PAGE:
Palli Stefánsson

Páll Stefánsson

Editor and Photographer Iceland Review/Atlantica
ps(at)icelandreview.com

Photographer Páll Stefánsson was born in Öxarfjarðarhreppur, North Iceland, a stone's throw from the Arctic Circle, on June 7, 1958. He studied photography in the Kingdom of Sweden from '79 to '82 and has since been working at Iceland Review magazine, now as the magazine's editor. 

He has published more than 30 books and done more than 300 magazine covers. He has worked for The New York Times, Geo, UNICEF, Leica Cameras, Condé Nast Traveler, Hasselblad, VW, The Observer, UNESCO and SONY, to name just a few. He has exhibited his work in all continents except Antarctica. 

 

Geysir Owners Request Quota on Visitors

The private owners of the Geysir geothermal area, one of the most popular tourist destinations in Iceland, have reiterated their concern that damage is being done to the area as a result of it being overcrowded. They request a quota on visitors.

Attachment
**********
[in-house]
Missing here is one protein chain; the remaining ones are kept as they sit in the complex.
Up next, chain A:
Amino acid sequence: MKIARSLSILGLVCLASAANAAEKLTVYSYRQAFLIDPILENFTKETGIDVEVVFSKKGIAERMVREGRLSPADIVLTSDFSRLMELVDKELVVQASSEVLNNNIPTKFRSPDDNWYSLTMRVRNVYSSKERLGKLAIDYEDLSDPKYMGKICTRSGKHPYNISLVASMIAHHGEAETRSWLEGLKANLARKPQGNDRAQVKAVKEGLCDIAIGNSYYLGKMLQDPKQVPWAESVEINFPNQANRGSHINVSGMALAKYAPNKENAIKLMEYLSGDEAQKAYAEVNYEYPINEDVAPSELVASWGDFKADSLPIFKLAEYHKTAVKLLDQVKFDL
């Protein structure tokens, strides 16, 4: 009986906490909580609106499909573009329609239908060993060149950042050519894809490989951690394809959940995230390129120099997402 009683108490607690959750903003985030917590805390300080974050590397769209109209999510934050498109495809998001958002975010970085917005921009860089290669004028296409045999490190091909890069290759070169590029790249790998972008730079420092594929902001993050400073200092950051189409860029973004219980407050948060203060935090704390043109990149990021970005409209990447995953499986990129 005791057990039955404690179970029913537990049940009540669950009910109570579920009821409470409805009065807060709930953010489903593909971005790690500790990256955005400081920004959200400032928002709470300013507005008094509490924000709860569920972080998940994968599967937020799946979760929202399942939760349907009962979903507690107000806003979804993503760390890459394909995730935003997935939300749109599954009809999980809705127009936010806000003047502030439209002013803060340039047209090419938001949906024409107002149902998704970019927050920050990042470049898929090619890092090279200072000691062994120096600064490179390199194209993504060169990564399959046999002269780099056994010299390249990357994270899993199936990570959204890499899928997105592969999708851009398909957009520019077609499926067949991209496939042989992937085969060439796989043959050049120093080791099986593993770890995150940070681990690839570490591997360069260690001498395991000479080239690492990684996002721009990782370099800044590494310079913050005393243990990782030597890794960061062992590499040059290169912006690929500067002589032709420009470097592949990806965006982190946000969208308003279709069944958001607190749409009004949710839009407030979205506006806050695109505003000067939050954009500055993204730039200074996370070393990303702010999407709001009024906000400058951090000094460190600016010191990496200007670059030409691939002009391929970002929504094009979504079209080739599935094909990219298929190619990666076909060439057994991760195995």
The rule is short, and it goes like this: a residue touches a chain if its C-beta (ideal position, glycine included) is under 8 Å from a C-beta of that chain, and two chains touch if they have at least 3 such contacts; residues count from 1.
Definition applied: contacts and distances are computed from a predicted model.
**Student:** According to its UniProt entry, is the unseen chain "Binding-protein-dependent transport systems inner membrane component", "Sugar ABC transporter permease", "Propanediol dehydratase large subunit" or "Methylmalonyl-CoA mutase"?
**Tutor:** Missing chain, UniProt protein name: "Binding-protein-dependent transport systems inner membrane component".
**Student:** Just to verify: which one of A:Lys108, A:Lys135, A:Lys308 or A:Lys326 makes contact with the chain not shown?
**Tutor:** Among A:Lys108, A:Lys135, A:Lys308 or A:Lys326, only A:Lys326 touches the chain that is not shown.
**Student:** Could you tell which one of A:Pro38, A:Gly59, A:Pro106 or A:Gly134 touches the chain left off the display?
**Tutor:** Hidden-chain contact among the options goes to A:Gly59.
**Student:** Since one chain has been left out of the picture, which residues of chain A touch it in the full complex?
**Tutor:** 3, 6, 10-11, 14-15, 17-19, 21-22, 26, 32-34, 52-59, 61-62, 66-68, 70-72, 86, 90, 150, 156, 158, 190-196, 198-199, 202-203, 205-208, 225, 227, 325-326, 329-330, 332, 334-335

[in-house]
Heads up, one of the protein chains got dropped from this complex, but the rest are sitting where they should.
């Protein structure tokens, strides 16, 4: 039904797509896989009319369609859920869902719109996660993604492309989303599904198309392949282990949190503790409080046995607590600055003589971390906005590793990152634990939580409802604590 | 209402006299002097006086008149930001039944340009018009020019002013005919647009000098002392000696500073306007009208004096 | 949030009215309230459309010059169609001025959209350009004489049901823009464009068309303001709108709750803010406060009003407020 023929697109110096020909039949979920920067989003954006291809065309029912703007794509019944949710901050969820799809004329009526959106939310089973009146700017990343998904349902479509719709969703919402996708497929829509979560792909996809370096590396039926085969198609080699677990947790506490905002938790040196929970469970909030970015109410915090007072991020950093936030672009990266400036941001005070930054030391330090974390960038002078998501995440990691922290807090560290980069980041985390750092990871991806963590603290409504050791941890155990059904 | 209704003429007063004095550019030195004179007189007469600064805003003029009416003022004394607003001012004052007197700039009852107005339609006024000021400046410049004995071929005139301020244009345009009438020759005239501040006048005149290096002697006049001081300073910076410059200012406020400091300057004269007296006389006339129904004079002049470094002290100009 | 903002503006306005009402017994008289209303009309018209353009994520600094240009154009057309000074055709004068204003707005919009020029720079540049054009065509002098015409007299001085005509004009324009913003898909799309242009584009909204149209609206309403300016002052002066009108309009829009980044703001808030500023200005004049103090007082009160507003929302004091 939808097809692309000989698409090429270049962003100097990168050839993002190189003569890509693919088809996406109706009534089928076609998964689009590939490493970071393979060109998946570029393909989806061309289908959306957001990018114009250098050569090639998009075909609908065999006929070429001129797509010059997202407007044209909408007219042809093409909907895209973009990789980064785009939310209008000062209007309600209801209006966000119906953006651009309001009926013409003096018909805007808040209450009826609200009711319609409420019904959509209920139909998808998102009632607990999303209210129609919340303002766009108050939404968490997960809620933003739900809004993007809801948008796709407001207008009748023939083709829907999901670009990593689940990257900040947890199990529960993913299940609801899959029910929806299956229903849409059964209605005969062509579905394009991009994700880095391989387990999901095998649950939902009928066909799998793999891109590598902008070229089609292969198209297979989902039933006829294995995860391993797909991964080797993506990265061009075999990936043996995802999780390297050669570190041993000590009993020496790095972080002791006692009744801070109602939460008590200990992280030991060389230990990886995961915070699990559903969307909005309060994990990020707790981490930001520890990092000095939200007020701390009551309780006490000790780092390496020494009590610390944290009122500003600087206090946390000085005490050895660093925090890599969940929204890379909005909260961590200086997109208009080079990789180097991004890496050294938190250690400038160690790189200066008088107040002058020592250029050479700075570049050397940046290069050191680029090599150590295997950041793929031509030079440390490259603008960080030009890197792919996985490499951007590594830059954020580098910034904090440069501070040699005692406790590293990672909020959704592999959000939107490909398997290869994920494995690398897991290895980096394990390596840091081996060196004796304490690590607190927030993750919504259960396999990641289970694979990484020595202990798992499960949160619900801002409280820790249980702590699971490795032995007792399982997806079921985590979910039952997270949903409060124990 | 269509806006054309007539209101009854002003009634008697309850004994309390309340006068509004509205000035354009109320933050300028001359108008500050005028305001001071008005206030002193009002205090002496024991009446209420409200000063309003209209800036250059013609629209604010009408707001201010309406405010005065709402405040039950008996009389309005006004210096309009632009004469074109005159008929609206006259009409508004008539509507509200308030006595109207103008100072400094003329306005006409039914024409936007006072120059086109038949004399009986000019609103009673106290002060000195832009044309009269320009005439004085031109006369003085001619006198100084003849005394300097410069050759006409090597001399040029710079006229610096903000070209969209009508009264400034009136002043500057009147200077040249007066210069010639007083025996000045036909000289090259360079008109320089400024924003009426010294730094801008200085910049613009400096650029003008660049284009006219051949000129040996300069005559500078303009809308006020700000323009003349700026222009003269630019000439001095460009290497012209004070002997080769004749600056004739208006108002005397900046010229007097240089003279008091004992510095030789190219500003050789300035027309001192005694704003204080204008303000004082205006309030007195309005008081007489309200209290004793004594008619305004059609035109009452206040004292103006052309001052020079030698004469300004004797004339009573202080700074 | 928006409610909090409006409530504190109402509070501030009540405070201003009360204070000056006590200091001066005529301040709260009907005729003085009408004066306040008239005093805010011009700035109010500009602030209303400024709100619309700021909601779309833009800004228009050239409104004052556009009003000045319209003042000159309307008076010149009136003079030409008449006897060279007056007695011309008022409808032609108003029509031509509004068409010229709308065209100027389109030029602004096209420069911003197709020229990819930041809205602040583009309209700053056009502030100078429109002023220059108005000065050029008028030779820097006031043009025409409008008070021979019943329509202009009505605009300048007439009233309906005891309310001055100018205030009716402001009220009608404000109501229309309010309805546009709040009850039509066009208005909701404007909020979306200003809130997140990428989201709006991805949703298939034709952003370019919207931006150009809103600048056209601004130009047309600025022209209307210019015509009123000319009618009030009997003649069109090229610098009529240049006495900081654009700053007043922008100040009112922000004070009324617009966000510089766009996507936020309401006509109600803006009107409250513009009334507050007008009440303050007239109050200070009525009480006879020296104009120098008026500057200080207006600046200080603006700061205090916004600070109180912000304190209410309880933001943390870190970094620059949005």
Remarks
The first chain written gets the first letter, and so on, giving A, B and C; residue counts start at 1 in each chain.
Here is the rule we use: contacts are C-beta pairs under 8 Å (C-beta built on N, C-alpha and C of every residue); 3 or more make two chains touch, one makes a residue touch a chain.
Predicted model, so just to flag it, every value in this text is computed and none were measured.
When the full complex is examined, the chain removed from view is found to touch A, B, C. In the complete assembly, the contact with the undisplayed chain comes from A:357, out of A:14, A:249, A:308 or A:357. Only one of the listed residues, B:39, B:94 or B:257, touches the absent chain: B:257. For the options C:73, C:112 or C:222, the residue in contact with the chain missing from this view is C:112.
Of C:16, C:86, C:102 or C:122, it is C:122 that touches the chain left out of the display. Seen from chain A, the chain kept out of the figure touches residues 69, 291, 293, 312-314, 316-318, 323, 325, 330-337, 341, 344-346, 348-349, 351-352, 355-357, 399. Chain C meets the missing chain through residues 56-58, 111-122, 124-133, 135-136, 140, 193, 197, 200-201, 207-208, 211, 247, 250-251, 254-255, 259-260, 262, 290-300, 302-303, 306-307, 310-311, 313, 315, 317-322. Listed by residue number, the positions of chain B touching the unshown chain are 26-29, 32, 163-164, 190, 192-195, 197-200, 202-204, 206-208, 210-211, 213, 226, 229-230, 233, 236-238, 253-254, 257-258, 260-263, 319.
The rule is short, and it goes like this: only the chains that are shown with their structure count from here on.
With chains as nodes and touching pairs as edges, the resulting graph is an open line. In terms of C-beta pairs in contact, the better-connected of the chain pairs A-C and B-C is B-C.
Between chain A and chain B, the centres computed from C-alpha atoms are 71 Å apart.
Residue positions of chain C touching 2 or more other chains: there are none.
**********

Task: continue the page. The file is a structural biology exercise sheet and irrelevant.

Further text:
Tourists Find Geysir and Glacial Lagoon Overcrowded

Anna Dóra Sæþórsdóttir, associate professor in tourism studies at the University of Iceland, carried out a survey for the Icelandic Tourist Board last summer, asking 12,000 visitors about their perception of eight popular destinations in Iceland, two of which the majority of respondents...

Icelanders Love the Theater

Every Icelander visited the theater more than once in 2014, according to the latest numbers from Statistics Iceland. A total of 375,000 visits to theater plays and the opera were registered last year.

Calm Weather Warning Issued

The search and rescue team, Þorbjörn, in the town of Grindavík, near Keflavík International Airport, issued a warning yesterday evening when today’s forecast for calm weather with almost no wind was issued, conditions which have been very rare this winter.

How Many Tourists is Too Many?

On an average day, there are 26,000 tourists in Iceland, or 7.2 percent of the country’s population of 329,101. During the summer months, the number of tourists equals up to one in five people in the country.

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